After surgery, she did not receive any additional treatment, such as chemotherapy or radiotherapy. After five years of follow-up, she is doing well and has had no sign of recurrence.
We reported an extremely rare case of TE arising in an ovarian MCT, which was confirmed by pathologic findings with supplementary FDG-PET findings. Such examinations may be helpful for differentiating TE from BCC, especially in case of difficulty in conducting a biopsy.
TE is a benign epithelial tumor originating from the outer root sheath of a hair follicle, which has definitive follicular differentiation and predilection sites including the nose, upper lip, and cheeks. On the other hand, BCC is an epithelial tumor arising from progenitor cells of the interfollicular epidermis and upper infundibulum . Clinical differentiation of TE from BCC can be difficult in some cases [2–7]. However, distinction between the two neoplasms is important because they have different biologic behavior and require different treatments.
TE and BCC are composed of nests of basaloid cells with follicular differentiation. Histologic differentiation of BCC from TE has been predominantly based on degree of follicular differentiation. A high degree of follicular differentiation favors a benign tumor, such as TE. Other typical histologic characteristics of TE include presence of primitive epithelial structures resembling hair papillae, known as papillary-mesenchymal bodies, and presence of small keratinous cysts. Conversely, BCC is characterized by cleft formation between the tumor and stroma, peripheral palisading of basaloid keratinocytes, inflammatory response, mitotic figures, necrosis, peritumoral mucin production, and occasional ulceration in the overlying squamous epithelium .
In our case, the lesion was well circumscribed and composed of epithelial nests of basaloid cells, without definite cleft formation between the epithelial nests and stroma or other histologic characteristics of BCC. However, pathologic examination can be confusing because TE and BCC have similar histologic characteristics. In this situation, immunohistochemistry is available for differential diagnosis of these tumors. In our case, the peritumoral stromal cells were immunoreactive for CD10, CD34, and Bcl-2, while the tumor cells were negative for CD10 and CD34 and diffusely positive for Bcl-2. These results support diagnosis of TE  because the peritumoral stromal cells in BCC are often negative for CD10 and CD34. The above-mentioned histopathologic criteria remain the best guideline for differential diagnosis of TE and BCC. However, Tebcherani et al.  reported that these two tumors could not be definitely differentiated by immunohistochemical examination alone.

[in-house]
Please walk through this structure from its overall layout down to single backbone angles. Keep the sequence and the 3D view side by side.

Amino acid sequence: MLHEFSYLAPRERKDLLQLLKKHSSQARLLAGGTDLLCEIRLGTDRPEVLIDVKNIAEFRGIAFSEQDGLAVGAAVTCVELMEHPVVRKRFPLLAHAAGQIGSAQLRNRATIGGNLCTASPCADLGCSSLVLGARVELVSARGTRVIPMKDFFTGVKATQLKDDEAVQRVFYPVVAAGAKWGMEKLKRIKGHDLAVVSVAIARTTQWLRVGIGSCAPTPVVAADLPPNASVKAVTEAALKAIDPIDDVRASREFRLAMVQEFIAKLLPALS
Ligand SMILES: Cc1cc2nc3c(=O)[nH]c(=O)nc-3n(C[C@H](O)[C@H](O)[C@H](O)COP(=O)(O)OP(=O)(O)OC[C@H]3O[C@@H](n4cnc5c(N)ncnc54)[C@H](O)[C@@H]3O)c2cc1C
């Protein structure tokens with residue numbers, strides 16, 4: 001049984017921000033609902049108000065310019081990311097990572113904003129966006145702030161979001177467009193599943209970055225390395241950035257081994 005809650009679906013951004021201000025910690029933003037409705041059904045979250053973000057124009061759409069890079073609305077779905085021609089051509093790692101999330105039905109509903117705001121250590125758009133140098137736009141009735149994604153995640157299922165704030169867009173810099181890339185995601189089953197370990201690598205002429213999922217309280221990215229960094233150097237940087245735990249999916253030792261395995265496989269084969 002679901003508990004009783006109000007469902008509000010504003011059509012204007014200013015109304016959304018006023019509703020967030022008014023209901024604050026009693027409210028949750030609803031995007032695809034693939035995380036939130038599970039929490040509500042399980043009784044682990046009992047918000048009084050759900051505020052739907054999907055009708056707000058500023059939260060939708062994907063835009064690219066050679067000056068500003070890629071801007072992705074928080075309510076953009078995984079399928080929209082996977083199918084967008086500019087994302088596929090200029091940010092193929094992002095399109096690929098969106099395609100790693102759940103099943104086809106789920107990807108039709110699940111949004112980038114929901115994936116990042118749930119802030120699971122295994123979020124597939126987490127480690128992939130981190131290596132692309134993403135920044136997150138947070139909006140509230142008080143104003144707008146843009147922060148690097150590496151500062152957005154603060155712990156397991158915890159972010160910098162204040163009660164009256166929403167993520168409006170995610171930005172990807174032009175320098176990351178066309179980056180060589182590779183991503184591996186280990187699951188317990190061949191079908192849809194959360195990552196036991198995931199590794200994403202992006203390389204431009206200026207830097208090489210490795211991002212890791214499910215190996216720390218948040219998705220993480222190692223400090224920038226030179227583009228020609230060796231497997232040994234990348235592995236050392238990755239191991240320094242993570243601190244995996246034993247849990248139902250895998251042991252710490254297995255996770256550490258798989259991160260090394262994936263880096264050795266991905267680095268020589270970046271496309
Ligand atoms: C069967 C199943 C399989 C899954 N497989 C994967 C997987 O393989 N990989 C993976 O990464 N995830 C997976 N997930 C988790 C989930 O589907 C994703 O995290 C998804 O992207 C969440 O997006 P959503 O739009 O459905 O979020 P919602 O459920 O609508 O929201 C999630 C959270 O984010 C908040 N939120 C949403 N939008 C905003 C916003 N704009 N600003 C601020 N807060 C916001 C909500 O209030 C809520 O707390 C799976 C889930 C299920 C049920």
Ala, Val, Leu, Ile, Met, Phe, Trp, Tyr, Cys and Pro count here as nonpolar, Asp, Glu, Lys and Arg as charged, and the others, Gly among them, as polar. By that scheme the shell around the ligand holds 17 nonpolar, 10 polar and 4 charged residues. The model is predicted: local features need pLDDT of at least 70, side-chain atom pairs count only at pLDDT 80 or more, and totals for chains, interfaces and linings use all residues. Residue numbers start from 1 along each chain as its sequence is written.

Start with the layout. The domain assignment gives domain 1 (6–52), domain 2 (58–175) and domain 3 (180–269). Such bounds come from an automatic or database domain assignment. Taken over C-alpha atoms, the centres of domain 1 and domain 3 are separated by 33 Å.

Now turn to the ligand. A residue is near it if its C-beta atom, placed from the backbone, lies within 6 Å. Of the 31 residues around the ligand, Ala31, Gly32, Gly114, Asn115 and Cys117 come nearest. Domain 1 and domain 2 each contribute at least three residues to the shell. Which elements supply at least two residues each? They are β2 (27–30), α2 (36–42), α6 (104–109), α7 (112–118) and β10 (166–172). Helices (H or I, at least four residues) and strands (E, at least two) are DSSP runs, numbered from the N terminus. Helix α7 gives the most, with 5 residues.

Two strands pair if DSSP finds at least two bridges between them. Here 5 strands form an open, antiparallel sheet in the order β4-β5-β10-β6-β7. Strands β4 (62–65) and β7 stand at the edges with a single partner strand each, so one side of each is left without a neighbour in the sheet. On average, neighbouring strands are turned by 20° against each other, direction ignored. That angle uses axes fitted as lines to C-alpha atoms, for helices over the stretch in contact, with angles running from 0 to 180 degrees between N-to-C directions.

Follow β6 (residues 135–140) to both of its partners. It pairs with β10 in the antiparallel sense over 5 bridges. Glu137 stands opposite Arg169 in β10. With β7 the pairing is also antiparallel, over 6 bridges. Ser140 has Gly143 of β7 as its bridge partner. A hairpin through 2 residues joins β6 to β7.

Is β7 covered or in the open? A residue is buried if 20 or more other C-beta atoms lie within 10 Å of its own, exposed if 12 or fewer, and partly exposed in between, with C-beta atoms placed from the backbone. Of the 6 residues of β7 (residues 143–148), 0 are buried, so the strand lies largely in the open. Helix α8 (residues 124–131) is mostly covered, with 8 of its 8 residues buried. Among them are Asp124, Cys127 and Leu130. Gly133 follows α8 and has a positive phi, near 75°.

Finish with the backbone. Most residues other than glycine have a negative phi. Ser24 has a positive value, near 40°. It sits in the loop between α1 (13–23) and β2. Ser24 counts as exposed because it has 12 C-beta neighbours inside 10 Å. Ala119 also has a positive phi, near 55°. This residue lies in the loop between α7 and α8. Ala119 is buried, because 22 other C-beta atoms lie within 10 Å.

The majority of malignant tumors arising in MCTs are squamous cell carcinoma or adenocarcinoma . MRI, measurement of tumor markers (such as SCC and CA19-9) , and FDG-PET  may be useful for differentiating benign MCT from malignant transformation.
Our case is very different from previously reported cases of TE in terms of its histogenesis, that is, TE arising in an ovarian MCT. We had the opportunity to conduct an FDG-PET examination preoperatively to make differential diagnosis of ovarian tumor. Usually, in cases of typical dermatologic TE, FDG-PET is not conducted because of its benignity, and diagnosis is confirmed by biopsy. There are no previous reports regarding the FDG-PET findings of TE. However, there are numerous reports regarding the FDG-PET findings of BCC. One study showed that primary BCC lesions were not detected in three of six patients . In the literature, they suggested that the histologic subtype of the BCC appeared to affect the ability of FDG-PET detection. Another review of 22 patients with metastatic BCC showed a mean maximum standardized uptake value of 7.3 (range, 1.9–16.8) . There are only a few publications regarding imaging diagnosis of BCC. Komura et al.  reported the FDG-PET/CT findings in a case of prostatic BCC with lymph node and bone metastases. Both the primary tumor and metastases showed intense FDG uptake. Although there are no reports regarding the FDG-PET findings of TE arising in an ovarian MCT, considering that BCC is a malignant tumor and TE is a benign tumor, TE might demonstrate a weak standardized uptake value, as shown in our case.
In conclusion, we reported a rare case of TE arising in an ovarian MCT with immunohistochemical and FDG-PET findings. In case of difficulty in conducting the biopsy, like our case, FDG-PET may have informative findings before treatment, especially if the tumor showed positive FDG-PET findings; we can suspect that the tumor is malignant and we can prepare for the radicality of the surgery.
The authors have no competing interests relevant to this article.